Milestone Works to Stabilize Soil to Widen Indiana's I-70

Mon November 23, 2020 - Midwest Edition #24
Brenda Ruggiero – CEG Correspondent

The Indiana Department of Transportation is heading up a $44.4M project in Hendricks County, Ind., to rebuild a portion of I-70. The contact was awarded to Milestone Contractors.
The Indiana Department of Transportation is heading up a $44.4M project in Hendricks County, Ind., to rebuild a portion of I-70. The contact was awarded to Milestone Contractors.
The Indiana Department of Transportation is heading up a $44.4M project in Hendricks County, Ind., to rebuild a portion of I-70. The contact was awarded to Milestone Contractors.
The project involves Interstate 70 reconstruction from the Ronald Reagan Expressway to .5 mi. west of SR 267. The pavement design includes two layers of cement-treated soil totaling 26 in.; 6 in. of engineered aggregate; 3 in. of open-graded asphalt drainage layer; and 14 in. of new concrete pavement. The total depth of the pavement section is 49 in. The project includes more than 3 mi. of new pavement, with three lanes and full-width shoulders throughout.

The Indiana Department of Transportation (INDOT) is heading up a project in Hendricks County, Ind., to rebuild a portion of I-70.

According to Debbie Calder, INDOT communications director, the letting date was Feb. 5, 2020. Work began on April 1 and the project is expected to be complete by June 30, 2022.

The full contact amount is $44,412,000, awarded Milestone Contractors. Chris Potts serves as the project manager and Chad Ryle is the project superintendent.

According to Calder, the project involves Interstate 70 reconstruction from the Ronald Reagan Expressway to .5 mi. west of SR 267. The contract calls for new concrete pavement with underdrains and storm sewers, asphalt resurfacing of the SR 267 interchange, and new highway lighting, signals and Intelligent Transportation System (ITS) components.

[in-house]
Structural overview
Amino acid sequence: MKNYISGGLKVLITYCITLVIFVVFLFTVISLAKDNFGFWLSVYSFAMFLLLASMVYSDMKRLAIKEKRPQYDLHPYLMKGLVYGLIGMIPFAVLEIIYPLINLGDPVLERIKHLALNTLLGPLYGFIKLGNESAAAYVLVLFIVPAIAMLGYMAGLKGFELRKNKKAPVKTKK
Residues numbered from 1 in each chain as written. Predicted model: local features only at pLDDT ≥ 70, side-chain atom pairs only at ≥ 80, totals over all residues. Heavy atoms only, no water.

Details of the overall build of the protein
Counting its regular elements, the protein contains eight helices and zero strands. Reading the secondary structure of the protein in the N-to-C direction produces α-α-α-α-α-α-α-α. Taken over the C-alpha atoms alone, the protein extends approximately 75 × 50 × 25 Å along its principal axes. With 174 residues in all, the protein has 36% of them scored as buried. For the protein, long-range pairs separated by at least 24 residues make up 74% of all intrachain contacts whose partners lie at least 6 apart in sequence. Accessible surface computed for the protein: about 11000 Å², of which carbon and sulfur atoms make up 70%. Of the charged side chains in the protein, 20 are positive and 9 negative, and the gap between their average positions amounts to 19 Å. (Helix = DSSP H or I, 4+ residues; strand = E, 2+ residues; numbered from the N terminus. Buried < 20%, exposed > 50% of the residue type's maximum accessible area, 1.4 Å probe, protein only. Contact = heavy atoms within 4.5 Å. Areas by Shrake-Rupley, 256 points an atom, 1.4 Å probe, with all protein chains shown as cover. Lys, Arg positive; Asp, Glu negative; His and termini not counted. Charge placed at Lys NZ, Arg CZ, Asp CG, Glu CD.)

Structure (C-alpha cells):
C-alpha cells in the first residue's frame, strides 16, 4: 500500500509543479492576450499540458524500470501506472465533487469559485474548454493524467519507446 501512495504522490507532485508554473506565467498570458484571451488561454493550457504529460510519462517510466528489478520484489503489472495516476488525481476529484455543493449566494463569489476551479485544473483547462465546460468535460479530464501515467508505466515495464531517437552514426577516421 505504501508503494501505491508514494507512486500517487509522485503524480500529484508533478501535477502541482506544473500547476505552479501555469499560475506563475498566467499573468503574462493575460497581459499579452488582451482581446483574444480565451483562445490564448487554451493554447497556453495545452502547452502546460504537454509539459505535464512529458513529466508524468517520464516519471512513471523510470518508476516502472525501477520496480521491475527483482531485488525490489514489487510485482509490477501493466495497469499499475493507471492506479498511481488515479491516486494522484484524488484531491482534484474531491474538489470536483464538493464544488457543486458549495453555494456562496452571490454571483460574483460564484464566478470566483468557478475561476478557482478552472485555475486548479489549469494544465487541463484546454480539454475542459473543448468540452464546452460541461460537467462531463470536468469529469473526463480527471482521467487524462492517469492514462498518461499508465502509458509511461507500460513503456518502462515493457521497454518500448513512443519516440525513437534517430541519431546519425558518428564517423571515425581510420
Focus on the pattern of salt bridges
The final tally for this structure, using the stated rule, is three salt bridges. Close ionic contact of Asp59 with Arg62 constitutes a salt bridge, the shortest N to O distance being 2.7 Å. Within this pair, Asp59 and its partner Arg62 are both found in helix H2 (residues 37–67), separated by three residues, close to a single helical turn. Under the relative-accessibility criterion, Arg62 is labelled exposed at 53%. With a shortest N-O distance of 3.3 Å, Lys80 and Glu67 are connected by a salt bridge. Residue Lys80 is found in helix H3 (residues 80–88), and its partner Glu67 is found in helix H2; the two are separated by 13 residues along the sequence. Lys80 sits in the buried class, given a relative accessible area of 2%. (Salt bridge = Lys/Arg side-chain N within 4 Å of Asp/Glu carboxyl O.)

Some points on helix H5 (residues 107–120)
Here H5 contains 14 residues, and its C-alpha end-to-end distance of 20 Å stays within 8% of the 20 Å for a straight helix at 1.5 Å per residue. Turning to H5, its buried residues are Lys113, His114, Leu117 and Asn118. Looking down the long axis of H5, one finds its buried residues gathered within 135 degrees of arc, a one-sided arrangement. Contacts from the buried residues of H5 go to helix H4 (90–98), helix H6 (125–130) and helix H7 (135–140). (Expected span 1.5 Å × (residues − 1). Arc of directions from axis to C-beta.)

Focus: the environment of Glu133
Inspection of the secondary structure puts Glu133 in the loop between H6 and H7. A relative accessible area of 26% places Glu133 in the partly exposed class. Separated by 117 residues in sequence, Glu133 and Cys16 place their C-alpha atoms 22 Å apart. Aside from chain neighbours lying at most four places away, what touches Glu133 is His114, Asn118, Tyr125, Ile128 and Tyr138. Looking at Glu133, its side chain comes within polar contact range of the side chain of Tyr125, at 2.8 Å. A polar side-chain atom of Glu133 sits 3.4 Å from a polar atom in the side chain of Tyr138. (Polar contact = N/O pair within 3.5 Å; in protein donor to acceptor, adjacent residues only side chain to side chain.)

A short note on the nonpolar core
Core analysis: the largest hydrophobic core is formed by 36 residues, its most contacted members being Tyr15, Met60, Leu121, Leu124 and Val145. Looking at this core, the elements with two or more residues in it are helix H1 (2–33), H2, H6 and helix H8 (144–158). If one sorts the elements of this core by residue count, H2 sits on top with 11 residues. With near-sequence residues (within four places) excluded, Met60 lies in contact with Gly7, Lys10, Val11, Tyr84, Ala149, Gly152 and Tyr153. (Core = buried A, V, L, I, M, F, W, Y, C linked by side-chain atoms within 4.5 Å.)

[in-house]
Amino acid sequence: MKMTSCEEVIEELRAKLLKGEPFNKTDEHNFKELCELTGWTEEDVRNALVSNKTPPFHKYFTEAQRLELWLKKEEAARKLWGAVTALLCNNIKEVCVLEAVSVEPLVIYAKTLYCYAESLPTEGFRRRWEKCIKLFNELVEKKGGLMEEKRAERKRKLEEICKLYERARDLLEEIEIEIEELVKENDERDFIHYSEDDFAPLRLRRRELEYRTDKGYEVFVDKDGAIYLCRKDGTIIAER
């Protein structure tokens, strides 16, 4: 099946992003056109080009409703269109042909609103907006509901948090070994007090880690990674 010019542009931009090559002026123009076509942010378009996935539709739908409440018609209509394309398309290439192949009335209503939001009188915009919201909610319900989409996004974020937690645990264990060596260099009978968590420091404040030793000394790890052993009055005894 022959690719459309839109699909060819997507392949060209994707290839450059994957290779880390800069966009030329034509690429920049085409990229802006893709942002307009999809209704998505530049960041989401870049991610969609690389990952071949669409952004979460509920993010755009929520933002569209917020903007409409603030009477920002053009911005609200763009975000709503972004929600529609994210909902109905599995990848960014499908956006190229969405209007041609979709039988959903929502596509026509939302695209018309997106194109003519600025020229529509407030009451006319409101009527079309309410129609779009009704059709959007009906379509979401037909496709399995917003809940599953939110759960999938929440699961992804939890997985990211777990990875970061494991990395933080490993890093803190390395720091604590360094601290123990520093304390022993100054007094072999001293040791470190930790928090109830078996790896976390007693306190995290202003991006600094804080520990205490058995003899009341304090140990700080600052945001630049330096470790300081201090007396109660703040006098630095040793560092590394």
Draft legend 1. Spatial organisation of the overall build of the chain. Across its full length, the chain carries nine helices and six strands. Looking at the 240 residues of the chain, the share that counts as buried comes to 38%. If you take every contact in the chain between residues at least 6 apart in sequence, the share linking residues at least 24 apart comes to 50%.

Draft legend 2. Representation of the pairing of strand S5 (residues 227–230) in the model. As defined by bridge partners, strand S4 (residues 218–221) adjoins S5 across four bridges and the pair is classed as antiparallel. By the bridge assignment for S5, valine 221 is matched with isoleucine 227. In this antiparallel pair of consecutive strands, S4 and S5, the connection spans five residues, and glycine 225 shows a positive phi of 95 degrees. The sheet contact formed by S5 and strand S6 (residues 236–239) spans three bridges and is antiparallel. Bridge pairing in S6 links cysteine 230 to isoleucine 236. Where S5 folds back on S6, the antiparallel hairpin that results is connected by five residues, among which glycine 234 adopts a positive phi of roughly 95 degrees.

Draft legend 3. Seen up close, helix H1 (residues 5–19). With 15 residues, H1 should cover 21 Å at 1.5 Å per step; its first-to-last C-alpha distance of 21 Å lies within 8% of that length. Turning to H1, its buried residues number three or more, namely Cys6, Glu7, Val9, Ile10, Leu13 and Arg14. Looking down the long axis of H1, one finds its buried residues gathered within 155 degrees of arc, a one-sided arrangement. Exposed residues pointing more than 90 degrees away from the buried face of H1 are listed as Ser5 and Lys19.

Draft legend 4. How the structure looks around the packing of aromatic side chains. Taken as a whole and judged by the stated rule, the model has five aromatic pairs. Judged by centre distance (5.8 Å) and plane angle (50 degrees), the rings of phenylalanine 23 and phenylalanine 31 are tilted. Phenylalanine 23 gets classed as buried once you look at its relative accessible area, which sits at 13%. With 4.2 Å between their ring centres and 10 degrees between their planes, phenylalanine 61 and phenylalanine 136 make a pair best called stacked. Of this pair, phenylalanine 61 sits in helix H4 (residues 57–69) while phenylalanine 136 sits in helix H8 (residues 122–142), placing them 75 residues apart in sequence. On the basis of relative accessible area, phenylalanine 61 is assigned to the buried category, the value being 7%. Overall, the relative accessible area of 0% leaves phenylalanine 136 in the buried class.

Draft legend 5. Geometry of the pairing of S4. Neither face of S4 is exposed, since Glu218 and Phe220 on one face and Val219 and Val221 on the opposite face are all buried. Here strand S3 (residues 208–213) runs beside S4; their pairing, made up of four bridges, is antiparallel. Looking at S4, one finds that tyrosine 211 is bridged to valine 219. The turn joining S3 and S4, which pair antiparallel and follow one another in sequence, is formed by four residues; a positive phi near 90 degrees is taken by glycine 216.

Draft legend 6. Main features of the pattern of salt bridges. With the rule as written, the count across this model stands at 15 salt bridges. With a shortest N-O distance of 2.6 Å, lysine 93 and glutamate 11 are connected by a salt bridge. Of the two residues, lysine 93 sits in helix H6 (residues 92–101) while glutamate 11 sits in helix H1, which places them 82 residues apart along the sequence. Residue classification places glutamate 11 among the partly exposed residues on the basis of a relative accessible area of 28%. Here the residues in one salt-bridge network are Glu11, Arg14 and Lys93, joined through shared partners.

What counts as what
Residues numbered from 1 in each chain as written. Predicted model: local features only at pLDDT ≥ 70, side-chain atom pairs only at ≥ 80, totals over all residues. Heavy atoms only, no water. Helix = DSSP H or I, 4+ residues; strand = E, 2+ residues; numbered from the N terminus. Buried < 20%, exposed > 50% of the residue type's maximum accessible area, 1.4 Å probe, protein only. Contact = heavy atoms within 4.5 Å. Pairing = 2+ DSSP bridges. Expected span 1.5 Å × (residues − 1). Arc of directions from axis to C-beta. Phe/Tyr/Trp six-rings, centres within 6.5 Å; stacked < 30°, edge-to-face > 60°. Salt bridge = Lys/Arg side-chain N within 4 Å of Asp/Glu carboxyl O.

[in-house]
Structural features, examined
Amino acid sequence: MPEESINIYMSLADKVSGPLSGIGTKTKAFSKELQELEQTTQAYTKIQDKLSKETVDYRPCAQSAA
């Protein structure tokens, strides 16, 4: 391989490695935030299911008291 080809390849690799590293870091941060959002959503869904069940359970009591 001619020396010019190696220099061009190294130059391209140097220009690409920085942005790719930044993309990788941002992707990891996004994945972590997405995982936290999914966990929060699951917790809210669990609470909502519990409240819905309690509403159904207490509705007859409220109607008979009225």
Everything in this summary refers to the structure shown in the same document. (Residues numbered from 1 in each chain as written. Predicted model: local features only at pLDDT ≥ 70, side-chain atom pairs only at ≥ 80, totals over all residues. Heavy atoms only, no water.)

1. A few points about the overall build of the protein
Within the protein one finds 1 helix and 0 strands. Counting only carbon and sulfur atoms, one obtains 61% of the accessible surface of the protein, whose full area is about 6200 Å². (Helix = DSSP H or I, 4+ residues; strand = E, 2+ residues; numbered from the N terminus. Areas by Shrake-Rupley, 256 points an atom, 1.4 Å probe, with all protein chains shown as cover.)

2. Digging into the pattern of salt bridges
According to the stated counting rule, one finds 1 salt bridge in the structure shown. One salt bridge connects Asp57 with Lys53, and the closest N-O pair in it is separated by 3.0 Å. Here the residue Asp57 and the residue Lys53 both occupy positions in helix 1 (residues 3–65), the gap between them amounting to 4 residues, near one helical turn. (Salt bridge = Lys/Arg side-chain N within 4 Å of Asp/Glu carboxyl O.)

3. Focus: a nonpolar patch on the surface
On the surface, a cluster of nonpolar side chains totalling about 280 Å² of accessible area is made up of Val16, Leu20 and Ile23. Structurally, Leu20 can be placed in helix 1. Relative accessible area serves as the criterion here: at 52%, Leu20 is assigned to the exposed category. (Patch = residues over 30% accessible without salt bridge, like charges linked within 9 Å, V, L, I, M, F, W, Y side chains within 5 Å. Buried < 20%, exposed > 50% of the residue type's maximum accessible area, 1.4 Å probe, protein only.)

The westbound lanes will be rebuilt this year with eastbound lane construction occurring in 2021.

One of the challenges noted by Calder is the large quantity of work required to be completed in two 120-day closures of the SR 267 EB on ramp.

Another challenge involves two lifts totaling 26 in. of soil stabilization.

"We will have to dig the top 12 inches off the subgrade, treat the bottom 14 inches, put the top 12 inches back on the treated subgrade and then treat the top 12 inches," she said. "Resource allocation and sub coordination in this short duration also make it difficult."

Calder reported that these challenges make the project unique.

"There is an experimental High Friction Surface Treatment being installed by Blakley

Corporation on three of the four ramps at SR 267 in coordination with INDOT's Division of Research and Development," she said.

Calder noted that the pavement design includes two layers of cement-treated soil totaling 26 in.; 6 in. of engineered aggregate; 3 in. of open-graded asphalt drainage layer; and 14 in. of new concrete pavement. The total depth of the pavement section is 49 in.

She reported that the project includes more than 3 mi. of new pavement, with three lanes and full-width shoulders throughout.

"Some areas will have six traffic lanes and two shoulders, all 12 feet wide, in both directions," Calder said.

The total project involves 180,000 cu. yds. of earthwork.

Major subcontractors include Hoosier Company for ITS, lighting and signs involving a significant amount of new fiber optic installation; Mt. Carmel for cement stabilization of soils — 531,000 sq. yds.; Antigo for pavement breaking — 132,000 sq. yds.; Bunn Industries for underdrains — 60,381 linear ft.; Mamco for HMA milling — 200,000 sq. yds.; Roadsafe for traffic maintenance; C Tech for guardrail; and CMG for trucking.

Project designers were WSP and Baker International. Project inspection is headed by Butler, Fairman & Seufert Engineers, WSP and Etica Group.

"Caterpillar, Wirtgen, Roadtec, John Deere, Case, Link-Belt, Hamm, Volvo and many other manufacturers will have equipment being used throughout construction," Calder reported. CEG